Today we travel over the namesake for this trail: the High Divide, a sky-high spine with breathtaking views in all directions, Mount Olympus as the centerpiece. Heart-shaped Heart Lake is the first to greet us as we ascend above tree line, then we’ll step up into mountain views galore. We may also catch sight of and learn more about the wildlife that makes this area home: elk herds, mountain goats, and black bear. Rounding Bogaciel Peak, we’ll descend the divide past Hoh Lake to establish camp below for the next few nights. Settling into camp and intentional conversation, we’ll glean answers to our questions from the wisdom of one another as we delve deeper into understanding the bridge of adolescence and teenhood. Of particular focus this day is our changing relationships with ourselves, including self esteem and body image.

 DAY FOUR  

Many rites of passage involve solo time, and here near our meadow camp, this rest day will be spent focused on reflection and inner discoveries. We'll seek and find our solo Peaceful Places along the cascading stream, around Hoh Lake, or scattered around this meadow in the heart of the mountains. We'll sit in silence for an extended time, reading letters from some special people in our lives, then come together to process our experience. We’ll begin and end the day with discussions and sharing about our changing relationship with our parents and other adults in our lives.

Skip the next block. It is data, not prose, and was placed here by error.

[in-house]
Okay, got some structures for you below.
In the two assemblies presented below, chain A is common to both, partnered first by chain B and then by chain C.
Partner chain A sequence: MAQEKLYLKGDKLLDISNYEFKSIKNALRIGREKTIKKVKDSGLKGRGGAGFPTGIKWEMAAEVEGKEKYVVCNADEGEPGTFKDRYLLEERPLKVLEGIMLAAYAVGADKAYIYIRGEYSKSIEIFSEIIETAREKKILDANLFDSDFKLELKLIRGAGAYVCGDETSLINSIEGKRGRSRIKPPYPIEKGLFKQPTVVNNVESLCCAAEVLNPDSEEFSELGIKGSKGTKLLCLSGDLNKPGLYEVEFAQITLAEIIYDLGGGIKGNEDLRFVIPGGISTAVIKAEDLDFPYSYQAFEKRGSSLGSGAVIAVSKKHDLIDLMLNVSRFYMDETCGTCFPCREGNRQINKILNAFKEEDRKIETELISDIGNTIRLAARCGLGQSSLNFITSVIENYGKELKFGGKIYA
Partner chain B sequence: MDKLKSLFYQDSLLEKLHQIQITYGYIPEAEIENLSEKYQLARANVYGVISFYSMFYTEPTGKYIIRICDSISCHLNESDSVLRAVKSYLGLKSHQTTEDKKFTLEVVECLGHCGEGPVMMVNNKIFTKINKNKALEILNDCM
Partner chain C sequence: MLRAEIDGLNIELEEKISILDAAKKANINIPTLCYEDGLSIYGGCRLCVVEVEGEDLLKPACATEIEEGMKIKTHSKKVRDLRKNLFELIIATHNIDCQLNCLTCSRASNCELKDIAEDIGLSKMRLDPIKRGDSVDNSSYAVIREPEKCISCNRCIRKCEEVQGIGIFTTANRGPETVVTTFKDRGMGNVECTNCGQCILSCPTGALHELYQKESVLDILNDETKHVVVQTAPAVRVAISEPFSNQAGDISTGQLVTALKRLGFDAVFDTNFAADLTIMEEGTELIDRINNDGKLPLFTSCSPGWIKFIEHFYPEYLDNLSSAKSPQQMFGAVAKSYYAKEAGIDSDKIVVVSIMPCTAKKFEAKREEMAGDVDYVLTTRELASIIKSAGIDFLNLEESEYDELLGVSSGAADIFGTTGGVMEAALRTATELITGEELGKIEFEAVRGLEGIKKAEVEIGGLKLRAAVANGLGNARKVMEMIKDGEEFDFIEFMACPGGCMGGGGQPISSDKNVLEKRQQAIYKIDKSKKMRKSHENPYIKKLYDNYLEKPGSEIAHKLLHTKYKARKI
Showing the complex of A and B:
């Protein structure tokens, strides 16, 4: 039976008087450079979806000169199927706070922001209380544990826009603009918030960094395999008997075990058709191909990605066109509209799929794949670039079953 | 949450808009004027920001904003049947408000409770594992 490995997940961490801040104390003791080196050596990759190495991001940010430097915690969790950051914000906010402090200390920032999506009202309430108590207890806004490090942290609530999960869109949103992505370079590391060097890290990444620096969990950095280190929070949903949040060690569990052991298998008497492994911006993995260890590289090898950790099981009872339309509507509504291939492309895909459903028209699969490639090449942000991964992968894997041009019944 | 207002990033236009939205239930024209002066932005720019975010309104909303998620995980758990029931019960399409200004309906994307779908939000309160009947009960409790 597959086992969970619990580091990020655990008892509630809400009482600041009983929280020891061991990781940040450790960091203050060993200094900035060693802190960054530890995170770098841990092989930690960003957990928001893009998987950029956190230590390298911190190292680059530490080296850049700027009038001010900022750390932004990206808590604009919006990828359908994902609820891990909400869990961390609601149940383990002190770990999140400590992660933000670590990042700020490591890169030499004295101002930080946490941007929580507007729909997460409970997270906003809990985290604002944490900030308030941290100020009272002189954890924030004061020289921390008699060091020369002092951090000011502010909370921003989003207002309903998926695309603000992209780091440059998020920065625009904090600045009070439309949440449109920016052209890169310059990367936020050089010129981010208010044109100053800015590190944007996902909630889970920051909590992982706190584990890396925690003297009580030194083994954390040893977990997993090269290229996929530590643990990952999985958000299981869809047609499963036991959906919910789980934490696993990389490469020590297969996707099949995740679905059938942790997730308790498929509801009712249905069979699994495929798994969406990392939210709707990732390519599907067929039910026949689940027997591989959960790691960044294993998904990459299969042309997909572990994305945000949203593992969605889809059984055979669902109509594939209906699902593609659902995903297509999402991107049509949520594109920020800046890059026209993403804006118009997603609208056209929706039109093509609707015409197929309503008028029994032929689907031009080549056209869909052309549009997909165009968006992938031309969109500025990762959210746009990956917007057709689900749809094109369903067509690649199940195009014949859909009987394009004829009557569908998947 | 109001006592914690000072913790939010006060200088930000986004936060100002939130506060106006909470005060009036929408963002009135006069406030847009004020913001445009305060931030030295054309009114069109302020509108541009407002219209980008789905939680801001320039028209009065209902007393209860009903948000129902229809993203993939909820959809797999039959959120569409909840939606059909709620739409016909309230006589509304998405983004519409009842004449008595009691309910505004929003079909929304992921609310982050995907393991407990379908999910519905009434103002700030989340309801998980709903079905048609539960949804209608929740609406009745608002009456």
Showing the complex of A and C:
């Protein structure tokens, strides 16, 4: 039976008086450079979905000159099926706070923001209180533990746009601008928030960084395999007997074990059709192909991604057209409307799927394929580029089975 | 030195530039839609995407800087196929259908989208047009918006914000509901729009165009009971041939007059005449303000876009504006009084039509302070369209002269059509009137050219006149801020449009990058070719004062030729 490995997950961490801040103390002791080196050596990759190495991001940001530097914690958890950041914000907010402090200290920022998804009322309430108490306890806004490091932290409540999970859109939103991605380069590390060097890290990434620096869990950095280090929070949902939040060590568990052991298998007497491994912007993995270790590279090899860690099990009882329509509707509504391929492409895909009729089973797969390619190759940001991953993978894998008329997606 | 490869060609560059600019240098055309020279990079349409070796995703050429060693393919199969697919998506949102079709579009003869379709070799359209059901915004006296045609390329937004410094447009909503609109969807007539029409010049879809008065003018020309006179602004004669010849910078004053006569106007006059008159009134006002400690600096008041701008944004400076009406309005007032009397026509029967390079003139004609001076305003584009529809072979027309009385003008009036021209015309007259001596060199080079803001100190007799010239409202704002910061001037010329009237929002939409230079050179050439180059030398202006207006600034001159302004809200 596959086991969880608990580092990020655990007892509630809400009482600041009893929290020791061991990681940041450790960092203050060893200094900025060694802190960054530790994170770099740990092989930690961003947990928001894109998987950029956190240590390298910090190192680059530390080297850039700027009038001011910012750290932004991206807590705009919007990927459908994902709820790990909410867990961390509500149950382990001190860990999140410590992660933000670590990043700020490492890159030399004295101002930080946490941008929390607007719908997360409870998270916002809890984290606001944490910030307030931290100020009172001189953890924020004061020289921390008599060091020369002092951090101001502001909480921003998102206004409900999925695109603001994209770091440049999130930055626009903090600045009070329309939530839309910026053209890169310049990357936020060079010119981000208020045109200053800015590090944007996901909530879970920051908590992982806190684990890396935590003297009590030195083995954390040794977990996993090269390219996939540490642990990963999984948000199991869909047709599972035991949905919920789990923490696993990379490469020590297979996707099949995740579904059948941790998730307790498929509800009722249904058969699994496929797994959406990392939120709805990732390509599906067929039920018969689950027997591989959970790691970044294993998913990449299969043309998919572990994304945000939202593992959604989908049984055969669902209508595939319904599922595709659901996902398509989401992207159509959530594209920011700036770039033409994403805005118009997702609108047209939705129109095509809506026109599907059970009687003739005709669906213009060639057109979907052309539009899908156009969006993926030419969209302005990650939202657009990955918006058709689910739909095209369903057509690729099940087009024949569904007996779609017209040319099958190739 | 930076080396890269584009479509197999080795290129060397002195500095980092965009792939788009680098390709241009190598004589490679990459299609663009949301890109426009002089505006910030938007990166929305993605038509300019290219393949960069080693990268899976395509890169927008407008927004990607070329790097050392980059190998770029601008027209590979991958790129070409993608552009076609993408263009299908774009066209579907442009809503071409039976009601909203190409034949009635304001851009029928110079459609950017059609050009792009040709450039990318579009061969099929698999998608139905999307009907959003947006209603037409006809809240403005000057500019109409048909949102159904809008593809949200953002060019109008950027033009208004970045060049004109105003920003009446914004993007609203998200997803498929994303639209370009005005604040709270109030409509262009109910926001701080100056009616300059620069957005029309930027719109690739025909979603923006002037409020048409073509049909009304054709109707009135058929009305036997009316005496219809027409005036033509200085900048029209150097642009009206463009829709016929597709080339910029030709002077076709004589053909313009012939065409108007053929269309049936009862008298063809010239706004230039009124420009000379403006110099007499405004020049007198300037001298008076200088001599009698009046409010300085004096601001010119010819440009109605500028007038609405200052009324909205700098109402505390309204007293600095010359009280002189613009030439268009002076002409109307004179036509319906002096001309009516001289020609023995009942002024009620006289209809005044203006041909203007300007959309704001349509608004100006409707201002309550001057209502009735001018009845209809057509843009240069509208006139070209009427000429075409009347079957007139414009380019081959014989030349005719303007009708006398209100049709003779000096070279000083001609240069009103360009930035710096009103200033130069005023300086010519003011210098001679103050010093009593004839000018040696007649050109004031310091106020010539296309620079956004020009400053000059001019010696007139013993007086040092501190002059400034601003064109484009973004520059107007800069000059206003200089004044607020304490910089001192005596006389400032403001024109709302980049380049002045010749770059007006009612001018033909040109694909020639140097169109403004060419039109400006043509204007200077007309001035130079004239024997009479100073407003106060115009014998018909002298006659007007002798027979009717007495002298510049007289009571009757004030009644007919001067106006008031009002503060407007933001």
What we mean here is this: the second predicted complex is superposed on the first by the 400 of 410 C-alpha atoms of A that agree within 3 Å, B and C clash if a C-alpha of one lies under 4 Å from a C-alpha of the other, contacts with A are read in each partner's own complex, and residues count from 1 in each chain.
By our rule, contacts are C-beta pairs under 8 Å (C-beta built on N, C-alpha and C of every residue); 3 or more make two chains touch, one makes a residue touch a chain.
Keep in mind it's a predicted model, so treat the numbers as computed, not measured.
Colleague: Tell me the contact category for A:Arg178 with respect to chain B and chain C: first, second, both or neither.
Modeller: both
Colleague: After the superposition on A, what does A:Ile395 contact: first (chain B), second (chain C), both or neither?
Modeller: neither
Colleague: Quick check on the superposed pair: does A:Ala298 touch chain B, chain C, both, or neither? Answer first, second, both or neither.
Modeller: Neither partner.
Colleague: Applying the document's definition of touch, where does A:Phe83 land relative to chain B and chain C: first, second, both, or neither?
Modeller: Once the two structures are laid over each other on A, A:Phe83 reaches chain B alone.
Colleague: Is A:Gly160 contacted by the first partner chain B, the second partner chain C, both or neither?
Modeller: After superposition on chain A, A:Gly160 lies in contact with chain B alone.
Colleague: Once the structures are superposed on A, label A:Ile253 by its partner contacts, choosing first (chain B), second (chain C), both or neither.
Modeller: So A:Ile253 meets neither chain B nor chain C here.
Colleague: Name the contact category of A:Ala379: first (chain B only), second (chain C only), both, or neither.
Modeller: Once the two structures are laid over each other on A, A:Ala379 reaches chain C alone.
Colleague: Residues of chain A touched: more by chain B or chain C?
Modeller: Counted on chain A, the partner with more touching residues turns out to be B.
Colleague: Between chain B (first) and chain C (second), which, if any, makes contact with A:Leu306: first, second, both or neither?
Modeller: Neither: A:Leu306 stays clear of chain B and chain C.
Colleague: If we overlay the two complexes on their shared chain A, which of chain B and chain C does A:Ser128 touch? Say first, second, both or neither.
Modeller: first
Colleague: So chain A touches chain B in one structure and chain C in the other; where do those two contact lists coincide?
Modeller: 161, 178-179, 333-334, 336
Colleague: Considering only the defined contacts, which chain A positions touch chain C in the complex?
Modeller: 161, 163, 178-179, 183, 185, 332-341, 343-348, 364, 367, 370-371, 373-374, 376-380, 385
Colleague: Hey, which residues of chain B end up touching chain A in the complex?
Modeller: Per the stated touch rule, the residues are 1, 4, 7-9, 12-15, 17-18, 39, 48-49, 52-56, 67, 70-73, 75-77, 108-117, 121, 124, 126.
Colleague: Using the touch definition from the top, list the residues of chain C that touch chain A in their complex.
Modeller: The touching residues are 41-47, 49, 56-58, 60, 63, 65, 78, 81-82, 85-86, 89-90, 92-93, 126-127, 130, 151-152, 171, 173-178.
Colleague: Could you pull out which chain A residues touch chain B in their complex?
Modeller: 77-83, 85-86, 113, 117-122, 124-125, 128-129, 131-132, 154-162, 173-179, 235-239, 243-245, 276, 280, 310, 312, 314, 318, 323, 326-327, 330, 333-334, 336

DAY FIVE

The High Divide is famed for the Seven Lakes Basin, a glacier-carved area filled with glittering waters. Today brings a break from full packs, as we hike back up to the High Divide, then dip down the other side into the basin. Our day will be spent exploring from lake to lake, likely dipping in a few; enjoying lunch at Lunch Lake; and wondering at wildlife (past trips have seen black bear eating blueberries, scientists studying frogs, grazing goats, and a distant herd of elk we mistook for a pack of Boy Scouts). Our walk back to camp will include a short climb up Bogachiel Peak to watch the sunset over Mount Olympus, before descending back to our meadow camp. Aside from taking in all we’re exploring, a focus we’ll weave through this day is our changing relationships with our peers.